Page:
Sunday 10 September 2006

It was a sunny morning with a minimum of 7 degrees. I started packing at 6 am and launched at 8 am passing some nice cliffs on the way. There was a tailwind all the way to 394 km where I had a break at 10 am. I paddled more than half of this distance. When I continued I followed a houseboat and passed it whilst peddling. There were beautiful cliffs around the 388 km mark. I had another break at the water ski club at 386 km and then paddled past Waikerie looking for the caravan park which I knew was set back from the river. At 12:30 pm, after 24 km for the day, I landed and ask directions and found that I had gone 500 m too far. I paddled back to a spot between the large paddle steamer and the houseboat moorings, carried some gear 500 m to the caravan park and return for the kayak on the trolley. It was hard work on a warm day. In 2017 the caravan park was extended and has river frontage. I left my gear outside the office and went into town and caught the 1:40 pm bus to KOM to retrieve my car. I returned to Waikerie, did some shopping at Woolies, did some washing and had dinner at Waikerie Hotel (pumpkin soup and stirfry). I realised that I had lost my good pen and a clip from my trolley wheel during the day-this was unusual for me to lose things whilst camping.

Monday 11 September 2006

I wanted an early start today in order to reach Lock 2, 20 km downstream from Waikerie, before 11:30 am which was the last passage before lunch. Therefore, I started packing the car at 5:30 am and drove to the river to pack the kayak. I then left the car back at the caravan park and launched from 382 km at 7:30 am. It was another nice sunny day with light winds. I had breaks at 374 km and 368 km, passed thru’ the lock at 11:15am and then had lunch on a sandy beach at 360 km from 11:30-12:00pm. The river was now 3 metres above sea level but hundreds of kilometers from the sea. At Hogwash Bend(349 km) there was a large sandy beach with several groups camping on it. I had a break at 348 km (2 pm) and then eventually found a suitable campsite at 338 km at 3:45 pm after a 44 km day. I had spaghetti and Merlot for dinner and I was asleep by 8 pm.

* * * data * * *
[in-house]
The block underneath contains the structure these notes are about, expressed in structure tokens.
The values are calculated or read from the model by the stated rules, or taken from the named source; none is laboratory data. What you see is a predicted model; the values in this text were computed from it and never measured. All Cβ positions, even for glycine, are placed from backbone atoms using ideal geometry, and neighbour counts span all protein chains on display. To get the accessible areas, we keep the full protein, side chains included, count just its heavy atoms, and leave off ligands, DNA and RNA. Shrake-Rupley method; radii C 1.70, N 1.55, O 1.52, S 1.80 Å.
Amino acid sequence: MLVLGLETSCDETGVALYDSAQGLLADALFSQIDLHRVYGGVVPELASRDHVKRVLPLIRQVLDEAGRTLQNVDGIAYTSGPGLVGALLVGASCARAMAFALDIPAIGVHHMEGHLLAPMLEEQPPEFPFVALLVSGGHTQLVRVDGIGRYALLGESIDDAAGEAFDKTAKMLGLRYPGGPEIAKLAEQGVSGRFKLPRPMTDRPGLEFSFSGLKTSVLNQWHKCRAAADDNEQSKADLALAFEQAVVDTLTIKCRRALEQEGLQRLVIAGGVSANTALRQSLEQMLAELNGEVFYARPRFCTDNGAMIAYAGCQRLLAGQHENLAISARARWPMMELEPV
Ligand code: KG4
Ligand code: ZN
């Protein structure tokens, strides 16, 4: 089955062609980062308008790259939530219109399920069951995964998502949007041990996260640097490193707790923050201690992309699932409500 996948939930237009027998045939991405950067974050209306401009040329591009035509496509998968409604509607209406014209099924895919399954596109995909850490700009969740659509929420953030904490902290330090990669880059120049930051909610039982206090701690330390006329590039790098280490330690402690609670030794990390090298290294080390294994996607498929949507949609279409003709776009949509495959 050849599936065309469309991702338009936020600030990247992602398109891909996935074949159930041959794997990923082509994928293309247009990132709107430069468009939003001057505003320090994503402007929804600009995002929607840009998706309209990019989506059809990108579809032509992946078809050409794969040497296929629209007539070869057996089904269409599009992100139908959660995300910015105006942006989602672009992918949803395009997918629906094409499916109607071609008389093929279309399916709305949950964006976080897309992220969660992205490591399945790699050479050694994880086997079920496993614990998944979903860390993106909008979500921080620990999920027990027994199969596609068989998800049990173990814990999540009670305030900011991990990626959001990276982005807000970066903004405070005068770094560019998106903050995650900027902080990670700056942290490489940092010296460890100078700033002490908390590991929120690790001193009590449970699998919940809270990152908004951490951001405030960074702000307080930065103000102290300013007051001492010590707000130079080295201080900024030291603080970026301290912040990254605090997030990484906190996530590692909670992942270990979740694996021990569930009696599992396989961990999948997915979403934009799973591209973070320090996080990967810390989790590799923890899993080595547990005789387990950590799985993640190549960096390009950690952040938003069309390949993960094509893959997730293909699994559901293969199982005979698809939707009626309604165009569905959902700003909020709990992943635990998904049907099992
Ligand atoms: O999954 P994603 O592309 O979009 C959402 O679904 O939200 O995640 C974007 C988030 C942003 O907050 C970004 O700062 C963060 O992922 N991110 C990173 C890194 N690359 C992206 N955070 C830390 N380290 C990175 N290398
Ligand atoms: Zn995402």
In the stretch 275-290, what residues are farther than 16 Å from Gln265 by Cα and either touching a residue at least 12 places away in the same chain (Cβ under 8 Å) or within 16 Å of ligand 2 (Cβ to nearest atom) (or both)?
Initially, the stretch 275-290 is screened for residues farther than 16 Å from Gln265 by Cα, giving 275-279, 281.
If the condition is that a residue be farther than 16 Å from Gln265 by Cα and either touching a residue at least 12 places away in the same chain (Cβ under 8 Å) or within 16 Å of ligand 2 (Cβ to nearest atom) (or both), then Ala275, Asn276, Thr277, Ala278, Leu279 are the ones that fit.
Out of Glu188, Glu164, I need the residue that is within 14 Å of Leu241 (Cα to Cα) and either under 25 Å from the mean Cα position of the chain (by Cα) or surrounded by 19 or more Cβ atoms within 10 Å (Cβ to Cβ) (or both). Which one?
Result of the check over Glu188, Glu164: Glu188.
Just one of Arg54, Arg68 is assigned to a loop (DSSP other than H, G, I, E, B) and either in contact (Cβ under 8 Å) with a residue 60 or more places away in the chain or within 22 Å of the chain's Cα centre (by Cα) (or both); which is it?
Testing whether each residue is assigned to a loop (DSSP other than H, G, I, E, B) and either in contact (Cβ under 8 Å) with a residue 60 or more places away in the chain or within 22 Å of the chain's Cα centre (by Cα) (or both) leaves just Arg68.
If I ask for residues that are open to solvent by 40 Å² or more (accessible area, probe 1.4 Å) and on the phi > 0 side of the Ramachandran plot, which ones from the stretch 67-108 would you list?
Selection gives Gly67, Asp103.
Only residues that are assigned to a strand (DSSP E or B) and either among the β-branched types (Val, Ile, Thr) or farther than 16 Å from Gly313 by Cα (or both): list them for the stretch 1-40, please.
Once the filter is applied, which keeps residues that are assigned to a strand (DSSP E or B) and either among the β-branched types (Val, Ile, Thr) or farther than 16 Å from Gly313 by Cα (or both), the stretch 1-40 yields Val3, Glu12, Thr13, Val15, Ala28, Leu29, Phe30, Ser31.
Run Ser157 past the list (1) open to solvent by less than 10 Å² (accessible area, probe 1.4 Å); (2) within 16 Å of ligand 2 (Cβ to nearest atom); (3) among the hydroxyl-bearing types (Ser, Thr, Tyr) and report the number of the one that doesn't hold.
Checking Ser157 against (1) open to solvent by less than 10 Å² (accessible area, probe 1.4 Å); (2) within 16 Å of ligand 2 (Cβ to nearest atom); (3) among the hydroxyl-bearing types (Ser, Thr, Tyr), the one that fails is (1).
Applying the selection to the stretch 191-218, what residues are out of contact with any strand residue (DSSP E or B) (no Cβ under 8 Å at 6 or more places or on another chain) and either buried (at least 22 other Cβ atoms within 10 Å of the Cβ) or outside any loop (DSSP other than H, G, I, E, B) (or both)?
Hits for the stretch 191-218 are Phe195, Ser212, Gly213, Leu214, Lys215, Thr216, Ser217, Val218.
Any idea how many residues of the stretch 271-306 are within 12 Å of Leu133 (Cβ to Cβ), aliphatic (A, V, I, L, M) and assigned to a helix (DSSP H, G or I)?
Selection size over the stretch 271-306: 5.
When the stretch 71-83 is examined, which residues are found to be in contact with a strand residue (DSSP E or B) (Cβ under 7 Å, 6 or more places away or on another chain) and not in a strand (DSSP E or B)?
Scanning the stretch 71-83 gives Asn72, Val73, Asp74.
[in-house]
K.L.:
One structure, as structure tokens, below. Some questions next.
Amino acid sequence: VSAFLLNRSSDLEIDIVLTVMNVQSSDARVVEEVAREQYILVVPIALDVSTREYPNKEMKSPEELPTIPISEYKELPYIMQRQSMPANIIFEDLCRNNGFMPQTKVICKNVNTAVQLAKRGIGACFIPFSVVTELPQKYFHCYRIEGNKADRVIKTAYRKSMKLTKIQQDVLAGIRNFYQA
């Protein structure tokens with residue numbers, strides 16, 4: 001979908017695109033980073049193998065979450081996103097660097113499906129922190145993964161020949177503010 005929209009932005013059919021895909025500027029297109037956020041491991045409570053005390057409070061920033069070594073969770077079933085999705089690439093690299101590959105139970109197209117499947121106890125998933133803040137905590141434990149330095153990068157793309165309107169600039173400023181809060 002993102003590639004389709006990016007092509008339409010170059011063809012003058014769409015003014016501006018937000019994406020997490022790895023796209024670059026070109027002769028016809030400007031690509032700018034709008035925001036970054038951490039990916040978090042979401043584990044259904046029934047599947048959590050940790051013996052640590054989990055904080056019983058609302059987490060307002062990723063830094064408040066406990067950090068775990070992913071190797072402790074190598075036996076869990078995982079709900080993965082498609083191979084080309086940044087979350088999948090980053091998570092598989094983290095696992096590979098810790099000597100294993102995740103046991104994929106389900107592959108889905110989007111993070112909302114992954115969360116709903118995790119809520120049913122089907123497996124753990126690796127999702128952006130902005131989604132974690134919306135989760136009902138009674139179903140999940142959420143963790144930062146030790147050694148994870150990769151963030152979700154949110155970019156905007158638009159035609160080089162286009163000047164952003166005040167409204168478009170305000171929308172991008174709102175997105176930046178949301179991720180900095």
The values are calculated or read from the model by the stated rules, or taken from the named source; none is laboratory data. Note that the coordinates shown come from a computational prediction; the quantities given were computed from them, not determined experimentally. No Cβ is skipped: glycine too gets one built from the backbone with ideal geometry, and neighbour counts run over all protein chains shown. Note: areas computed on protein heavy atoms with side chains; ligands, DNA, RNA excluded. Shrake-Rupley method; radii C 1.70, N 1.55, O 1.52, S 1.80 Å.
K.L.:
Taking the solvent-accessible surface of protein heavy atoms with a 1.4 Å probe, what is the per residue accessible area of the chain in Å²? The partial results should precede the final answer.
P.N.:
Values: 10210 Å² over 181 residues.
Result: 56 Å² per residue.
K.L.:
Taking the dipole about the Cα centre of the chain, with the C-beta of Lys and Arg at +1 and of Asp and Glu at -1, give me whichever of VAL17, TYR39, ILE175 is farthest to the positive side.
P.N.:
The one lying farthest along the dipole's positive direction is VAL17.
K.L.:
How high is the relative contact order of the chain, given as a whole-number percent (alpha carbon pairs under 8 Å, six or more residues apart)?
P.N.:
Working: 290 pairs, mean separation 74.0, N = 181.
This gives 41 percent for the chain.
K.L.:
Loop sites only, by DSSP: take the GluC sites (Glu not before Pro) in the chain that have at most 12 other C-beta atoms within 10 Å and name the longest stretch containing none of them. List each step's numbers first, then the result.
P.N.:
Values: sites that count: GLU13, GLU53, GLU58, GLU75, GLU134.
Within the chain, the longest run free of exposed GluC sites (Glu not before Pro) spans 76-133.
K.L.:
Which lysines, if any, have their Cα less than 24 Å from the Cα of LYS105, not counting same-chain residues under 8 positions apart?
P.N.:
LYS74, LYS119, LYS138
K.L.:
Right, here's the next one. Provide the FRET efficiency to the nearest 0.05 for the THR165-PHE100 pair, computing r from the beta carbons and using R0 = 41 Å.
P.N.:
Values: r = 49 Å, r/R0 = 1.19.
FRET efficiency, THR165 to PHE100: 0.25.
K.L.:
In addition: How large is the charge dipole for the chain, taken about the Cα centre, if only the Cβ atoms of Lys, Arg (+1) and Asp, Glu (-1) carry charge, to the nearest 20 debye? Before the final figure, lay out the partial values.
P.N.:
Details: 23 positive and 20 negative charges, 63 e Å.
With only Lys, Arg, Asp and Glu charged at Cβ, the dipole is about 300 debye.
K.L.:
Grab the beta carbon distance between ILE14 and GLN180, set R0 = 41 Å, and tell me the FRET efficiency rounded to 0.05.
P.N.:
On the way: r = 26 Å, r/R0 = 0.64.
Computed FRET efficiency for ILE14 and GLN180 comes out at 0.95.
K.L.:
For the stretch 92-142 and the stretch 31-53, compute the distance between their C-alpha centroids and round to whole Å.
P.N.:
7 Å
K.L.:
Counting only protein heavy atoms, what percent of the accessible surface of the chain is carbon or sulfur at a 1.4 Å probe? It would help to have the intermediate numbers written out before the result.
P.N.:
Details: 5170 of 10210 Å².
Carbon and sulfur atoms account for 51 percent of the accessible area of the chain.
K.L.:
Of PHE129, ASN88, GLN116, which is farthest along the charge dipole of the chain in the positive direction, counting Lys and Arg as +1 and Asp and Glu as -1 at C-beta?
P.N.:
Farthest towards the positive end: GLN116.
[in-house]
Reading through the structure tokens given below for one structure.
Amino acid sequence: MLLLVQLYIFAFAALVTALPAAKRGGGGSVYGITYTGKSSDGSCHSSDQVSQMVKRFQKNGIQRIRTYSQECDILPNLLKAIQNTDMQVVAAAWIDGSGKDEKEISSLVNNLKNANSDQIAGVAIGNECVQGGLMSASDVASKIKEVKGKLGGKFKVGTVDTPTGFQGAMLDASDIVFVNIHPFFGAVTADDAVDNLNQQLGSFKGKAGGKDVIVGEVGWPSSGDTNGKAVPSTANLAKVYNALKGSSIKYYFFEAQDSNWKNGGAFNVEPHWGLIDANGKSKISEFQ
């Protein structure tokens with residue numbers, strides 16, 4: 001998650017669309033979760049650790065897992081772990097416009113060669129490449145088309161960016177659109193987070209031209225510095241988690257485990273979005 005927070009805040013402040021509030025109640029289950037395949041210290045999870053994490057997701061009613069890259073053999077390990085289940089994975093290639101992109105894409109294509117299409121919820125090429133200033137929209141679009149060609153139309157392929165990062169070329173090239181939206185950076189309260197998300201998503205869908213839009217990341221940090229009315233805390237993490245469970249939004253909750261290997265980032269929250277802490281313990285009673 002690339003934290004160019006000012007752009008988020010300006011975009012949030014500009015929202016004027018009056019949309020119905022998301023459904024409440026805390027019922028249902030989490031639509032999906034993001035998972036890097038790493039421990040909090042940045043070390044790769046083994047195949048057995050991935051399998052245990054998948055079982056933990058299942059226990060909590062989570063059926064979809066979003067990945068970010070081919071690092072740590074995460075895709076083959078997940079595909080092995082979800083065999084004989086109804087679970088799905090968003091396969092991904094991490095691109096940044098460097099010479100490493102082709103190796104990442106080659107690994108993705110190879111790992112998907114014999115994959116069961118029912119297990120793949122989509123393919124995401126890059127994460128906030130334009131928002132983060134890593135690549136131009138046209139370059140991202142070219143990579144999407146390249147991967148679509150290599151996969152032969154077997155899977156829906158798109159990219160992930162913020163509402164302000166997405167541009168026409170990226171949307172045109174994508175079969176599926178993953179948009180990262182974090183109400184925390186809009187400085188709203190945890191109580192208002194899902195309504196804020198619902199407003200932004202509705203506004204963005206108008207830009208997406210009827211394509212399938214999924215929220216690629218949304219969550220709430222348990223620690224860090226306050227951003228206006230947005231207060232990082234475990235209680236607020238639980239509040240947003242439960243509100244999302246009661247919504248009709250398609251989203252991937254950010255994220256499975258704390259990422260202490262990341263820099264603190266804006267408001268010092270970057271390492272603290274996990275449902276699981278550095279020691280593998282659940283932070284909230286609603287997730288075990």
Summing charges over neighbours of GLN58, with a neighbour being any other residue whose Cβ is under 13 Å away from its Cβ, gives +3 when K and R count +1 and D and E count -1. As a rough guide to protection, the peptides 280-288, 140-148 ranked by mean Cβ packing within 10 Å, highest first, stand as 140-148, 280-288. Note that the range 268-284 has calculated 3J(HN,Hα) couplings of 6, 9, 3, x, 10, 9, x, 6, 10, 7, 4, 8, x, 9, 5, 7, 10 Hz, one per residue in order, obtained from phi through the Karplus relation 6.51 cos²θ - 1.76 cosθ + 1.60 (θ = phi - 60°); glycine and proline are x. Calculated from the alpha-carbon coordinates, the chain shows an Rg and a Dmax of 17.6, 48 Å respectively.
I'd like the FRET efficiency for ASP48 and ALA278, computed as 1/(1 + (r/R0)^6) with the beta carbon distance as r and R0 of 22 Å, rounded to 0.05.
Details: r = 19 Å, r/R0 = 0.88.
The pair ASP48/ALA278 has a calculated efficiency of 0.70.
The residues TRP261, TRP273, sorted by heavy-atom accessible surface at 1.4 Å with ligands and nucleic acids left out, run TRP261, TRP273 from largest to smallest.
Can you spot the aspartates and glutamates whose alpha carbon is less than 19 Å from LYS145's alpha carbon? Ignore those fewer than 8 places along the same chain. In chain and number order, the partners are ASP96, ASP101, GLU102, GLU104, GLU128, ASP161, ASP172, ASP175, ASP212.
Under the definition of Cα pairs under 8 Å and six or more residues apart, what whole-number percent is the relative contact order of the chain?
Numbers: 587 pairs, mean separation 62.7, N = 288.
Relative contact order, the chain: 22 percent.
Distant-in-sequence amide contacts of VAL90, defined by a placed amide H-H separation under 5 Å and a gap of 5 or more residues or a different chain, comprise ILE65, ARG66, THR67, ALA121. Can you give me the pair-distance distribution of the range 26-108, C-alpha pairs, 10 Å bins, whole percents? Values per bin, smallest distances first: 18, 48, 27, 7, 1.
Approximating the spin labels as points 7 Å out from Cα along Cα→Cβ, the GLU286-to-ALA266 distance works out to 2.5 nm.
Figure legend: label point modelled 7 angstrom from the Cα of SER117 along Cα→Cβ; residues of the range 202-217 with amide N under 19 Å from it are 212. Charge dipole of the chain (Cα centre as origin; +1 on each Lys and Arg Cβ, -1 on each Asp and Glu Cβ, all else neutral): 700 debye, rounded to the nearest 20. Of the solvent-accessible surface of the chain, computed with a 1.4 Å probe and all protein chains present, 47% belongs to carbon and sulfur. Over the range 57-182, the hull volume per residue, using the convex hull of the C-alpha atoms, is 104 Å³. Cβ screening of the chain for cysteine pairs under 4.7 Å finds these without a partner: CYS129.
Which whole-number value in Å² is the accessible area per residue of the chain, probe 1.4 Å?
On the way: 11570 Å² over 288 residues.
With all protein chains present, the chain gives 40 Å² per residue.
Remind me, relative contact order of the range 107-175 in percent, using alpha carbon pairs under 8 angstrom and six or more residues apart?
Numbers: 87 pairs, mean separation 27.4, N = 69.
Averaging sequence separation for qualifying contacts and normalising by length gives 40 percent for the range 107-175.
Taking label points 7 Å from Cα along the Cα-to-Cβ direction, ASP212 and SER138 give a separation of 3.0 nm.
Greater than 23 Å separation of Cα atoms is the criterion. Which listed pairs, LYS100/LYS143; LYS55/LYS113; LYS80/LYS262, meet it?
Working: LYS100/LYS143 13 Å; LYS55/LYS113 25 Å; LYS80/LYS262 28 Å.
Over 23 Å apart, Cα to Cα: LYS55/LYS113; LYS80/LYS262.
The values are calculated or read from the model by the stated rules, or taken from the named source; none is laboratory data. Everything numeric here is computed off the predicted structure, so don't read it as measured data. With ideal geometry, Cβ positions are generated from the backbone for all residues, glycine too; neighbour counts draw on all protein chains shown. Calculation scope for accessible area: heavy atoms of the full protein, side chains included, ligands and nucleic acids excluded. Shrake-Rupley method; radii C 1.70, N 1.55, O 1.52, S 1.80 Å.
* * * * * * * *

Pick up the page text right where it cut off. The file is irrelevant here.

Tuesday 12 September 2006

It was a nice sunrise over the river on a cold (0 degrees) morning with no dew. I taped up little sores and cuts on my hands and launched at 7:55 am. I stopped at the Cadell park just downstream of the car ferry and opposite some cliffs. I continued and went around the great North-West Bend just upstream of Morgan. From here the river generally flows 322 km south to the ocean. I stopped at Morgan at 11:10 am and bought some rolls for lunch from the caravan park store, some wine from the hotel and I rang Jim in Adelaide to let him know of my progress. By the time I launched again at 12:40 pm there was a moderate NW tailwind. Downstream of Morgan there were many “shacks” (as they are called on the map but mostly more like luxury houses) on one side and long cliffs on the other so consequently there were not many suitable campsites. I had a short break at the boat ramp at 309 km where a school group was camped with about 7 dome tents and where I found a buoy from a boat. Just downstream I passed the school group in their canoes, returning from a trip to Murbko Lagoon, and then I found a campsite at 307 km at 3 pm after paddling 31 km for the day.